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Mystic - When Bailey Pryor was making his recent Emmy award winning film for PBS about famed Prohibition rum runner Bill McCoy, he wondered if anyone had every trademarked the phrase "The Real McCoy."
The well-known phrase came into being in the 1920s because McCoy's rum was prized for being the real thing, not watered down.
To the surprise of Pryor's attorney, no one had ever claimed the phrase. So Pryor's partners did, and last year released a line of three Real McCoy rums that have now garnered 21 awards in rum competitions from San Francisco to London.
But the rums just don't have McCoy's name on them - they are made by the same family-run distillery in Barbados that made the rum McCoy sold three miles offshore of New York, Atlantic City, Montauk and other coastal locations to avoid prosecution during Prohibition.
"We wanted a product that you would sip and say 'this is the Real McCoy,'" Pryor said Thursday while sitting in the living room of his Pearl Street home with his wife Jennifer, who also is involved in the business.
"It was important to us that it lives up to its name," she said.
Pryor grew up in Mystic and worked for Sonalyst Studios in Waterford before moving on to Warren Miller films producing ski films. He formed Telemark Films a decade ago and moved back to Mystic.
Since then he's made another 60 films for PBS, Discovery Channel, ESPN, Spike and other outlets. He is just completing a six-film project for PBS that included documentaries on the restoration of the Charles W. Morgan and McCoy. Last year, the McCoy film won five Emmy awards.
Idea came from book
He said he got the idea for the McCoy film in 2006 after reading a book about McCoy by local author and publisher Stephen Jones.
"It's a great American tale that nobody really knew," Pryor said.
While Pryor said most people think of Chicago and Al Capone when they think of Prohibition, much of the illegal liquor trade was done out at sea. He said McCoy was a fascinating character - a McCoy character even appears in the HBO series "Boardwalk Empire" - because he lived by a certain code and did not even drink alcohol. He was a boatbuilder who, in a tough economy, was looking for a way to use his boating skills to make a living when he decided to transport goods including liquor.
Pryor said McCoy was able to justify what he was doing as not illegal because he was selling liquor to people three miles off shore, outside of federal waters. It was his customers who were the ones breaking the law when they brought the liquor ashore.
McCoy was reliable, making a monthly run to Nassau in the Bahamas to load up his large schooner with liquor, including Barbados rum. He would anchor the white Arethusa off places such as Sandy Hook, N.J., which served the New York City market. His impending arrival was circulated by local fishermen and he would sell to the "rum row" of boats that lined up.
McCoy, who was eventually arrested and sentenced to nine months in prison, was in the rum-running business for just three years.
By the end of his run, he had sold an estimated two million bottles of rum, according to Pryor.
While researching his PBS documentary, Pryor said he discovered that even though McCoy would pick up his rum in Nassua, there was no rum distillery there and it instead had come from Barbados.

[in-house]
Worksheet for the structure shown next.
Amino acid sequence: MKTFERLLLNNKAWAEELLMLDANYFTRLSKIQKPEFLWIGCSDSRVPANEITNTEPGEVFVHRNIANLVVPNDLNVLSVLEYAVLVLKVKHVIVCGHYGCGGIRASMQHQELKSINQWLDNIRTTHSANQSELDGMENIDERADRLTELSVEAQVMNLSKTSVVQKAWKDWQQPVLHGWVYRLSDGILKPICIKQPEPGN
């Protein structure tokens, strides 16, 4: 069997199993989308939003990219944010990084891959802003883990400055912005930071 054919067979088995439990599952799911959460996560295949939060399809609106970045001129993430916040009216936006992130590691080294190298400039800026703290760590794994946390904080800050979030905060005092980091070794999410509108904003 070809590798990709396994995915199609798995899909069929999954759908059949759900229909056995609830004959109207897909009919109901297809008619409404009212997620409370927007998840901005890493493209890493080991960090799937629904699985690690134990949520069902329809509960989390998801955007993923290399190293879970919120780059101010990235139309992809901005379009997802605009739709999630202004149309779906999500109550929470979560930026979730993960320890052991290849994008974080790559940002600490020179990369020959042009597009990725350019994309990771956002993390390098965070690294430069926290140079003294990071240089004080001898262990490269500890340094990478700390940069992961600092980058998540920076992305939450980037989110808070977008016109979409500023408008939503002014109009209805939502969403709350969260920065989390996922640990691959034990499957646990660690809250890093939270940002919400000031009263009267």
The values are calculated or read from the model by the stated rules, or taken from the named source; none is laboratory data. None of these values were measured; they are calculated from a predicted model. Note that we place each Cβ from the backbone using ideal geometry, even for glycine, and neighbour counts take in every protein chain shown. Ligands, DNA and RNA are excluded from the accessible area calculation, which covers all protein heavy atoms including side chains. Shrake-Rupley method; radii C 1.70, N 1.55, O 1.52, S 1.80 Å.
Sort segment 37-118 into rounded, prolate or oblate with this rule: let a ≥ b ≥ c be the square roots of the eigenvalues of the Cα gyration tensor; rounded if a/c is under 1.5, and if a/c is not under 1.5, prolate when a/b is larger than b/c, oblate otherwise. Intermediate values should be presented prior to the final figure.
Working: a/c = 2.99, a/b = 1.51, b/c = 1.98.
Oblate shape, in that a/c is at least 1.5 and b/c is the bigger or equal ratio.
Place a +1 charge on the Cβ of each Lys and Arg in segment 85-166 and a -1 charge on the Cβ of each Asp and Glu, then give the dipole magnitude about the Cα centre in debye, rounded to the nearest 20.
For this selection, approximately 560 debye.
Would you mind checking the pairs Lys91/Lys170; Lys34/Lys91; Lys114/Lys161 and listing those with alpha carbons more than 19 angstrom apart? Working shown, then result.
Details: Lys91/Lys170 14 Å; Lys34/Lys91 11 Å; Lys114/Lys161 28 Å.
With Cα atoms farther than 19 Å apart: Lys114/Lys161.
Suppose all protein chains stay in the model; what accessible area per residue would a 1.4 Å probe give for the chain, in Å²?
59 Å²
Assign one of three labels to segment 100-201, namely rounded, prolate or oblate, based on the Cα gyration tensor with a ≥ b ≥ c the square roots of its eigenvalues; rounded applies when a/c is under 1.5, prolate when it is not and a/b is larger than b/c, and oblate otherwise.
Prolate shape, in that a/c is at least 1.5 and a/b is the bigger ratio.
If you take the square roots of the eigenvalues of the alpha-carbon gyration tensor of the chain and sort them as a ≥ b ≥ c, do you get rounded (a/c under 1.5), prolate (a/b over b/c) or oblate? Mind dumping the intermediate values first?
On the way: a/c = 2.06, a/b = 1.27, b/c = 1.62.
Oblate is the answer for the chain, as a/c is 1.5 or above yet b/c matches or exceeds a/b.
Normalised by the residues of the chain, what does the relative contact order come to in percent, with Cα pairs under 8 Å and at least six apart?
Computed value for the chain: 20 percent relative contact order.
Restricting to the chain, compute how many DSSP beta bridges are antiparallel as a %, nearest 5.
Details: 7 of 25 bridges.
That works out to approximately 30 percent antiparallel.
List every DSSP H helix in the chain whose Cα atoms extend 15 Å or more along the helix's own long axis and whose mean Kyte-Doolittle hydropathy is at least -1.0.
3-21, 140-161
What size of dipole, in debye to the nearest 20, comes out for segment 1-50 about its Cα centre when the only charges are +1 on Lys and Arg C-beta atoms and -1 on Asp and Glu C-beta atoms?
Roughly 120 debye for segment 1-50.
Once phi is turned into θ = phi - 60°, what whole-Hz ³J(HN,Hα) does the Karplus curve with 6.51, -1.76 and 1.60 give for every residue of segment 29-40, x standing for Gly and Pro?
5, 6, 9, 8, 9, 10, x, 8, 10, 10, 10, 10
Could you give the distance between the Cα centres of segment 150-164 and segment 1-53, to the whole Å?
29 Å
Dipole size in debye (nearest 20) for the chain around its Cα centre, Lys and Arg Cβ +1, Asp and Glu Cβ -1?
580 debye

So the Pryors went there and met with the owner of the well-known Mount Gay company. They were told the company did not bottle rum for export until the 1950s.
They then went to Four Square Rum Distillery, the only one that had made rum at the time. They met with Richard Seale, a master distiller and the fourth generation of his family to make rum. It was his grandfather who had made McCoy's rum.
Intrigued by the McCoy story, Seale agreed to make a classic unadulterated rum just like the one McCoy would have received, Pryor said. Beginning in 2009, the rums will be aged three, five and 12 years.
The first bottle of Real McCoy rum was delivered Jan. 16 of last year, the 93rd anniversary of Prohibition.
Working with Sean Heyniger, a friend he grew up with in Mystic, the two men assembled a list of investors that include John Sculley, the former CEO of Apple and president of Pepsi; Tim Gannon, the co-founder of Outback Steakhouse and other chains, and John Esposito, the former president of Bacardi USA, the world's largest rum maker.
At first Pryor sold the rum out of his car to customers. But now it is sold in bars, restaurants and liqour stores in Connecticut, Massachusetts, Rhode Island, New York, New Jersey and Florida.
He has also been entering it in various rum competitions and, with the awards, calls are coming in from companies that want to distribute it.
Pryor said he has signed an agreement to distribute the rum in Canada and just returned from Europe, where he is negotiating agreements to sell it in the United Kingdom and France.
The company has nine employees, offices in Noank and West Palm Beach, Fla., and a warehouse in Stonington.
"The whole prospect of creating something like this has been a really interesting adventure," Pryor said.
Last year, Pryor's company sold 1,000 cases (12,000 bottles) of Real McCoy rum and expects to triple that this year. In comparison, Bacardi, the world's largest rum maker, sells 21 million cases a year. By 2015, Pryor hopes to be in 12 to 15 states as well as overseas.
Pryor said he would like to see real McCoy Rum become similar to Sam Adams and become the first craft rum maker to make it big.
Real McCoy Rum also has given Pryor a message that many successful entrepreneurs can relate to, including some of his investors.
"It was a hare-brained idea. We all have them. You say, 'I wonder what would happen if I did this,'" he said. "The trick is to follow through and put everything you can into it. You never know."